But then I started adding a lot of vegetables to my pasta, And I was like, "Okay, I’m going to have vegetables with my pasta instead of pasta with vegetables."

And the other really cool thing that happened during this time was I figured out ways to use other ingredients to enhance sauces. So instead of using a lot of olive oil to sautee garlic, I would add tomato paste or I would use water with anchovy paste. I started to rely more on spices and other things rather than olive oil.

So I think when you you focus on how to make something more flavorful using citrus and herbs and other things, you stop focusing on what you’re missing. I don’t feel like I’m missing anything when I eat this way.

Missy Robbins Lilia kitchen tour

Meal prepping is key in a restaurant. How do you do that at home?

Meal prepping at home just makes life easier. I just decided I’m going to start making really big batches this winter of sauces and chicken soup (which always makes me happy to have around). On Sunday I just made this awesome bean soup that provided five meals for me. One day I did it with an egg on top, one day I added Pecorino on top, one day I added smoked paprika.

If I have tomato sauce in the house, I know I can always make my eggs in purgatorio, which is eggs in spicy tomato sauce. When I’m trying to eat really healthy, I eliminate pasta altogether and I eat a lot of bean and green stews in tomato sauce.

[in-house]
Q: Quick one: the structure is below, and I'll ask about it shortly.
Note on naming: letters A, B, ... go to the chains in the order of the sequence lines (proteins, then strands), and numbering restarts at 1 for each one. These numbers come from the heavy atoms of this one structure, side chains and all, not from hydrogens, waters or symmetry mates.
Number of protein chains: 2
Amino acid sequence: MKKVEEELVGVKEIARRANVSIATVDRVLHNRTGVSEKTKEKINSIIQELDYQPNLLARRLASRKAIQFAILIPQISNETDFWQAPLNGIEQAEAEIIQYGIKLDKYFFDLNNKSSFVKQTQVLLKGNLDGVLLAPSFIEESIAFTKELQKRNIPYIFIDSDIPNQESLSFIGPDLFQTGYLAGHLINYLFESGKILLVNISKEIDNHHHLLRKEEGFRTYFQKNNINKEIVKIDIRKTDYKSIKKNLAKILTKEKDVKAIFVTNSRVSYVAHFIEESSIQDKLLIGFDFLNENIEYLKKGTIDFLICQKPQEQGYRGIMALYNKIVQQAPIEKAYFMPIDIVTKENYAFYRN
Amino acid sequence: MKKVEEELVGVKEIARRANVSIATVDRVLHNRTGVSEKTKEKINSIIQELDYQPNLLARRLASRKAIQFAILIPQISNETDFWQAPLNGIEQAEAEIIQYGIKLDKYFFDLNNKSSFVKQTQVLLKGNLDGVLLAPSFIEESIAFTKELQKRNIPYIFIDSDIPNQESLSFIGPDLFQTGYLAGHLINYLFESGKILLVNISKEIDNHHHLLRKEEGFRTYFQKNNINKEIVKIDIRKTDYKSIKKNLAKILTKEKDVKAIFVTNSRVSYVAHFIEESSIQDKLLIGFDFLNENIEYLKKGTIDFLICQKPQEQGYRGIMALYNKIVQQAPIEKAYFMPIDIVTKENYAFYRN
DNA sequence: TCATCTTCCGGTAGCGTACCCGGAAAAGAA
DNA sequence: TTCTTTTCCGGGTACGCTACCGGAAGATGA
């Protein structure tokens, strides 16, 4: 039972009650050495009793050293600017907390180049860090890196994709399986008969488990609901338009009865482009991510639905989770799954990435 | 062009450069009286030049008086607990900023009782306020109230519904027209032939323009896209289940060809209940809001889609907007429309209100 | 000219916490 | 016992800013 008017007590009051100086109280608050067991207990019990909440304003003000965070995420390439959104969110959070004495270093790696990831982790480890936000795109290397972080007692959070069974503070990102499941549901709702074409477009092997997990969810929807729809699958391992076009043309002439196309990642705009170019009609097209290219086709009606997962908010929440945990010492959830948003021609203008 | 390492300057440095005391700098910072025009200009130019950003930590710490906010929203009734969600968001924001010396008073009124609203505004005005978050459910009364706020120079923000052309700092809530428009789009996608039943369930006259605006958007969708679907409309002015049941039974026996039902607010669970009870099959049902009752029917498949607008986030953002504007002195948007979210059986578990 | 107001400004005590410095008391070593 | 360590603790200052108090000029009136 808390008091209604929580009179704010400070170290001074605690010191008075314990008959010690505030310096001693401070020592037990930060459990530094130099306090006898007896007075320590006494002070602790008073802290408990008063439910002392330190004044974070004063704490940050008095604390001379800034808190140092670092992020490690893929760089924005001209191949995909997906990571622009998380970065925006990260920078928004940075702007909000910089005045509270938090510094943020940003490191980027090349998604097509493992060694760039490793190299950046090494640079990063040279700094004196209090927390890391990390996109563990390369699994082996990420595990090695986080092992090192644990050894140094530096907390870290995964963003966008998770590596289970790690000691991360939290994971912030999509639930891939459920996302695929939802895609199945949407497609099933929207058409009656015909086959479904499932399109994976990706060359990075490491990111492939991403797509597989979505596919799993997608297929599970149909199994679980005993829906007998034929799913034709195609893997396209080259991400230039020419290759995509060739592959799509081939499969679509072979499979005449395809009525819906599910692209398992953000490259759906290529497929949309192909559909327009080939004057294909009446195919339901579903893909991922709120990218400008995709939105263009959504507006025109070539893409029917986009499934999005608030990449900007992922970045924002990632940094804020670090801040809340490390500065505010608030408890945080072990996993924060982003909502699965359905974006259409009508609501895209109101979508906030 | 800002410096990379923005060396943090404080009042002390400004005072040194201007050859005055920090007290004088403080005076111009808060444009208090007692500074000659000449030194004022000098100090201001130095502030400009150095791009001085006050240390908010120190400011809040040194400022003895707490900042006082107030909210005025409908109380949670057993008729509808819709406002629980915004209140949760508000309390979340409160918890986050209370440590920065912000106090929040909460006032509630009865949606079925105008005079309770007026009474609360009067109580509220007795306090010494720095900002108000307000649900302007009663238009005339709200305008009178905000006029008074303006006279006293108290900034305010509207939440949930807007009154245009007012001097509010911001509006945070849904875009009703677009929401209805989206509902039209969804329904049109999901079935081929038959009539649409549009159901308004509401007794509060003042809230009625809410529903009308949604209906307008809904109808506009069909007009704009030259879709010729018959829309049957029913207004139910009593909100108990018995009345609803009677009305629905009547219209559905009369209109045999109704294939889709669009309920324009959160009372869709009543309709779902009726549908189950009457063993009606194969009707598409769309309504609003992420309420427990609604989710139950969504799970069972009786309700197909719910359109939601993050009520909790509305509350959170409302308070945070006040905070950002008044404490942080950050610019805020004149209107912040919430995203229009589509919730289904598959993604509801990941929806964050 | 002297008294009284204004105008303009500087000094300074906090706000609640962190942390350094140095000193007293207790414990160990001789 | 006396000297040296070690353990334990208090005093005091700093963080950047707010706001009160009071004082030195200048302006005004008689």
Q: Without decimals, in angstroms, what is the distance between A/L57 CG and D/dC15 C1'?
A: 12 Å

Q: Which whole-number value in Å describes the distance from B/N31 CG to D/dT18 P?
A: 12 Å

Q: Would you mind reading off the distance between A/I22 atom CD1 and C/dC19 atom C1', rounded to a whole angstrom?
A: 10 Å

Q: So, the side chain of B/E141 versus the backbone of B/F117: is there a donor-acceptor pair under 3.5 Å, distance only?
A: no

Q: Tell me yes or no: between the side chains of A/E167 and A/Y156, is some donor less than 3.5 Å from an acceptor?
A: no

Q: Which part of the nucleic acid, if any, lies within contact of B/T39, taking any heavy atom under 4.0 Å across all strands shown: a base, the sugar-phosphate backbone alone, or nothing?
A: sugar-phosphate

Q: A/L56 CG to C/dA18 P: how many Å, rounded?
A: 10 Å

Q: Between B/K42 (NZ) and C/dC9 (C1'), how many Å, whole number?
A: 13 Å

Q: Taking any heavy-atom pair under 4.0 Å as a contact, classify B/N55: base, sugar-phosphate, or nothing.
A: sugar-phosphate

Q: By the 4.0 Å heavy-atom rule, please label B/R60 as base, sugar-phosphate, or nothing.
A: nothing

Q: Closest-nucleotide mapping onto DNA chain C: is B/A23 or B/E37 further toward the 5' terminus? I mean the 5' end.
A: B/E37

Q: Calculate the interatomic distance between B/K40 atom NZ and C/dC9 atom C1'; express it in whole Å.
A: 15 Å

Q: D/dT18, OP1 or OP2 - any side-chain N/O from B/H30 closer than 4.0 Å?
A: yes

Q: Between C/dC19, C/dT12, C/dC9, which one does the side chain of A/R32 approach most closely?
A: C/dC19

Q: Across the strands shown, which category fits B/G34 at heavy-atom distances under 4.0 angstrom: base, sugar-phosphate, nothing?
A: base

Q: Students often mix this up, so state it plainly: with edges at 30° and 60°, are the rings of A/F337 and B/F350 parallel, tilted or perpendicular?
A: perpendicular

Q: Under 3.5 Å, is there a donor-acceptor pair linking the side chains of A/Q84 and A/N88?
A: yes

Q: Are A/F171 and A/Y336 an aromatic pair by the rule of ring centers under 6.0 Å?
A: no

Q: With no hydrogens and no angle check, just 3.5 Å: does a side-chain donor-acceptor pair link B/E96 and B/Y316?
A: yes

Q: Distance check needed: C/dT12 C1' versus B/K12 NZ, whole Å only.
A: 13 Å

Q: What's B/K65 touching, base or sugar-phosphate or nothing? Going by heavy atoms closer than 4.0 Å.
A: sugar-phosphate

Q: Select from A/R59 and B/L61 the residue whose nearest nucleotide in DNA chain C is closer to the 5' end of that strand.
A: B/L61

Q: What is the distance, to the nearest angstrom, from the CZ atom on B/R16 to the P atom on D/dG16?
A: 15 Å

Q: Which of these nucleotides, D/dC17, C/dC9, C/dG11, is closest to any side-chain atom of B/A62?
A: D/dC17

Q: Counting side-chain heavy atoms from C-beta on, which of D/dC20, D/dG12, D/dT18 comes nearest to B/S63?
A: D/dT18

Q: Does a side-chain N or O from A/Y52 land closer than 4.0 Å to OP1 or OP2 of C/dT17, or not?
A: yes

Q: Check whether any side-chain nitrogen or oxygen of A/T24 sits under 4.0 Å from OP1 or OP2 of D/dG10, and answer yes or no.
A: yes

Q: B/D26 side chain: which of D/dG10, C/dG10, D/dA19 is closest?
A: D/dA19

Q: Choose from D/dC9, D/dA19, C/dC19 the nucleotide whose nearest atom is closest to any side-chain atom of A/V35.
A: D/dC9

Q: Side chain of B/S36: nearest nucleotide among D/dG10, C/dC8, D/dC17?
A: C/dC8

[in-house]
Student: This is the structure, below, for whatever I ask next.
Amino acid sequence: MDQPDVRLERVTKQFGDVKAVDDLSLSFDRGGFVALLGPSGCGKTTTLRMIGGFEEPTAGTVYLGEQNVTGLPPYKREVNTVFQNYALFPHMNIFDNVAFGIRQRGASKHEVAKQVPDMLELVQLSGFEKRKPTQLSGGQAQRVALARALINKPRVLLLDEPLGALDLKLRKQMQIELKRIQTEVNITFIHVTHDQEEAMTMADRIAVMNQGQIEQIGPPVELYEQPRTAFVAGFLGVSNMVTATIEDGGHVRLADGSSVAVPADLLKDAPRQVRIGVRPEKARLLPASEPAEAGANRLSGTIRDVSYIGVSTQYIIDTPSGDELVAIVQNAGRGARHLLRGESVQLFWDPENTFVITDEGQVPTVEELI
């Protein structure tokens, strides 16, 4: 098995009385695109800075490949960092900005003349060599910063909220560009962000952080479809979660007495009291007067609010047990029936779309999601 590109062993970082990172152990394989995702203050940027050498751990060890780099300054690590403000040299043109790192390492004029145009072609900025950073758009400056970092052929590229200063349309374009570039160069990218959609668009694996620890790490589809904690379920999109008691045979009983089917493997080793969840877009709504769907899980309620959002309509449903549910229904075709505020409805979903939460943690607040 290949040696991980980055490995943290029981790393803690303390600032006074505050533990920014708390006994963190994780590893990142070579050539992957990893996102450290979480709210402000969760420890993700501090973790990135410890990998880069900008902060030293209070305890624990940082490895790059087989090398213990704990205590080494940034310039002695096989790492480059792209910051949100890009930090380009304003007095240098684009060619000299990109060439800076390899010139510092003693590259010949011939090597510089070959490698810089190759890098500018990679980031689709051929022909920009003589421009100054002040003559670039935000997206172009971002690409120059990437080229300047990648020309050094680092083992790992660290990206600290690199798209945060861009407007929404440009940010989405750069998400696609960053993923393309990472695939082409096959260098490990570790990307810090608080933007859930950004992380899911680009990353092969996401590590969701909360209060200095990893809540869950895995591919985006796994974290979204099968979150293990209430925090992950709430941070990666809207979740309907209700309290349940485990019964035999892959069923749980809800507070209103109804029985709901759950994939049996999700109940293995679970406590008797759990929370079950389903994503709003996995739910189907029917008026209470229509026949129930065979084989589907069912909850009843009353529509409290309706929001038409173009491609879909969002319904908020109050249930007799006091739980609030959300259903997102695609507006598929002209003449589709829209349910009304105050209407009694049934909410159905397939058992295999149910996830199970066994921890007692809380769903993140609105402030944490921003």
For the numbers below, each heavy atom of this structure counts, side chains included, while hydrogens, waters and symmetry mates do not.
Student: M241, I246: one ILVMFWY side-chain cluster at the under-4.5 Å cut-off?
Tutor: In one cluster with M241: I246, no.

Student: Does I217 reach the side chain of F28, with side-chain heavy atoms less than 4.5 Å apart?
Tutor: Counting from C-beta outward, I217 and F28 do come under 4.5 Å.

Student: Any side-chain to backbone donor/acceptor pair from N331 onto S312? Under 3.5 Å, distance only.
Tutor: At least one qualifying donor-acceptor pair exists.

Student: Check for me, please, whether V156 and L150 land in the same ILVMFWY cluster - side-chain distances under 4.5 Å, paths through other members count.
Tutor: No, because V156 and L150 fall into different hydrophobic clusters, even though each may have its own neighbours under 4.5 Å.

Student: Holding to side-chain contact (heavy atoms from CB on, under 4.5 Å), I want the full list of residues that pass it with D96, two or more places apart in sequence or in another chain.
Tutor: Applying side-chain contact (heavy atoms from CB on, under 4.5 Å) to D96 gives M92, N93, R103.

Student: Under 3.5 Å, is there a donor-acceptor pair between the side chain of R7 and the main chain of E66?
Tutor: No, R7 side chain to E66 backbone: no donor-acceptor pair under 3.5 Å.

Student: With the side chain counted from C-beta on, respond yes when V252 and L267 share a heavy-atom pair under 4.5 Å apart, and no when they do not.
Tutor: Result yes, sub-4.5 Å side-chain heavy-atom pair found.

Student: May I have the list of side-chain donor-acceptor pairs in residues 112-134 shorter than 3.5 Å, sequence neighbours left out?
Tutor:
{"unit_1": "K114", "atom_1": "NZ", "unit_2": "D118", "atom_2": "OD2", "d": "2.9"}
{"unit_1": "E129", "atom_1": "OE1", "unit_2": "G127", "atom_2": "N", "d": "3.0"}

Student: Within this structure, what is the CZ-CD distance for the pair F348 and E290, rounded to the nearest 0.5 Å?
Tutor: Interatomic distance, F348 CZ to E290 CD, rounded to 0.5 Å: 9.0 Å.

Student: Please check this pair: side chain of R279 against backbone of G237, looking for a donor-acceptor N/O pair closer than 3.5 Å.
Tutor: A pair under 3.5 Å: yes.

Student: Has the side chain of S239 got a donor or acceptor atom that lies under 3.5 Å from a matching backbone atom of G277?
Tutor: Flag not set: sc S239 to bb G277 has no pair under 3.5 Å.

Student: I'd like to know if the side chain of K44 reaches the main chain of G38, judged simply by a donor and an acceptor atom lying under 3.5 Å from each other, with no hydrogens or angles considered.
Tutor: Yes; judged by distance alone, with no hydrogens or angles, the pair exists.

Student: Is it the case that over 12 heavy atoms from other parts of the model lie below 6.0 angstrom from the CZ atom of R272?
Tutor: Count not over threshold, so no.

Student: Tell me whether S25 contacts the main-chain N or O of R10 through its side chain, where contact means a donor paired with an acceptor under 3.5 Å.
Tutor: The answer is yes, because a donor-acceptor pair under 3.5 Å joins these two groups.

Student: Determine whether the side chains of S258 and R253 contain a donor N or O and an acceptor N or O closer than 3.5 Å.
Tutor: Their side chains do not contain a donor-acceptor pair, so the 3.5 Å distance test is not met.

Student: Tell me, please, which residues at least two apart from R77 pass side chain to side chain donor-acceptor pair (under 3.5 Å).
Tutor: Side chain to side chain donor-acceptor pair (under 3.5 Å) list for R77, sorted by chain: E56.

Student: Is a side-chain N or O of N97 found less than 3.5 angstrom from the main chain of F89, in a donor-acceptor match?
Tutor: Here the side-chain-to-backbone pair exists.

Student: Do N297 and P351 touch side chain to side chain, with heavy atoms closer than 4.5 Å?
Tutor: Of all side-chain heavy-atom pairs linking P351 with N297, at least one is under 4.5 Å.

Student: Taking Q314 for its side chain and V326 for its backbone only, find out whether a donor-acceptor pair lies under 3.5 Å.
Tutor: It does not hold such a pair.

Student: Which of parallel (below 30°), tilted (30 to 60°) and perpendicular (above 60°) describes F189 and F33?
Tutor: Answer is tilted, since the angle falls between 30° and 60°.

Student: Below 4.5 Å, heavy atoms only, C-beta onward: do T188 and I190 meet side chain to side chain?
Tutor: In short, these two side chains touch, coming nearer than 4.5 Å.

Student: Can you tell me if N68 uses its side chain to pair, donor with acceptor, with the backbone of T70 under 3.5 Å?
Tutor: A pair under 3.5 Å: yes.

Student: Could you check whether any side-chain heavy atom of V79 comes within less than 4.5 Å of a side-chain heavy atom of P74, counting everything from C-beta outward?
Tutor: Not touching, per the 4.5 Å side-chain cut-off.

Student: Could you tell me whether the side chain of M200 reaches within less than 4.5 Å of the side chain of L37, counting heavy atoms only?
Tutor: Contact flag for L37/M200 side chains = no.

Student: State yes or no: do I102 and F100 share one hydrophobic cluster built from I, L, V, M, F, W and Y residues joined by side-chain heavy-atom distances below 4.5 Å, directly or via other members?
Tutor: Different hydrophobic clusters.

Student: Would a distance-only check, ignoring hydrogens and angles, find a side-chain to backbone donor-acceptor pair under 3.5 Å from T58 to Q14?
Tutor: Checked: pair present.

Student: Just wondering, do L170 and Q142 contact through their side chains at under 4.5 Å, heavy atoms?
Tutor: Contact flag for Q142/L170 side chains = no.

Missy Robbins Lilia kitchen tour

What kitchen staples do you always have on hand?

With oranges and lemons, I use the zest and also the juices. I always have a lot of red wine vinegar around. I use anchovies for everything: I use them in sauces, on their own, to enhance vegetable dishes in vinaigrettes. I always have garlic and extra virgin olive oil around. You should try and always buy olive oils from the harvest. Right now, the new harvest is about to come out for 2017, and then you want to stop using 2016. The fresher the olive oil the better.

I keep a lot of seasonings: Chile flakes, fennel pollen, fennel seed, coriander seed. A lot of herbs, too: Thyme, rosemary, parsley. I have an awesome recipe in my book for Bolognese, which replaces pork and veal with ground turkey. I like making turkey meatballs. In any recipe where you have ground beef, ground turkey is a great substitute. 

Missy Robbins Lilia kitchen tour

Now you're trying out Weight Watchers' new program, WW Freestyle, which has more than 200 zero Points® foods (like chicken, eggs, fish, and tons of fruits and veggies) you can eat. How's that going?

I think it’s kind of cool, because free is a great word. It makes a lot of things open to you and it makes you have to think a little bit less about what you’re cooking.

Like last night I was at work and I was hungry, so I just had scallops. I just had grilled scallops with these marinated peppers we do and it was virtually, besides a little bit of olive oil that was in the dish, almost like a zero-point meal. It allows you to still cook in a manner using olive oil, because the olive oil becomes a point that you’re not worried about because you’re not using Points for the actual protein.

[Weight Watchers] has been a life-changing thing for me, and I think I will use it for the rest of my life. I never want to gain weight to that point again—I never want to feel like that again, I never want to look like that again. And this for me is what worked.

In partnership with Weight Watchers

Photos: Tim Gibson for Well+Good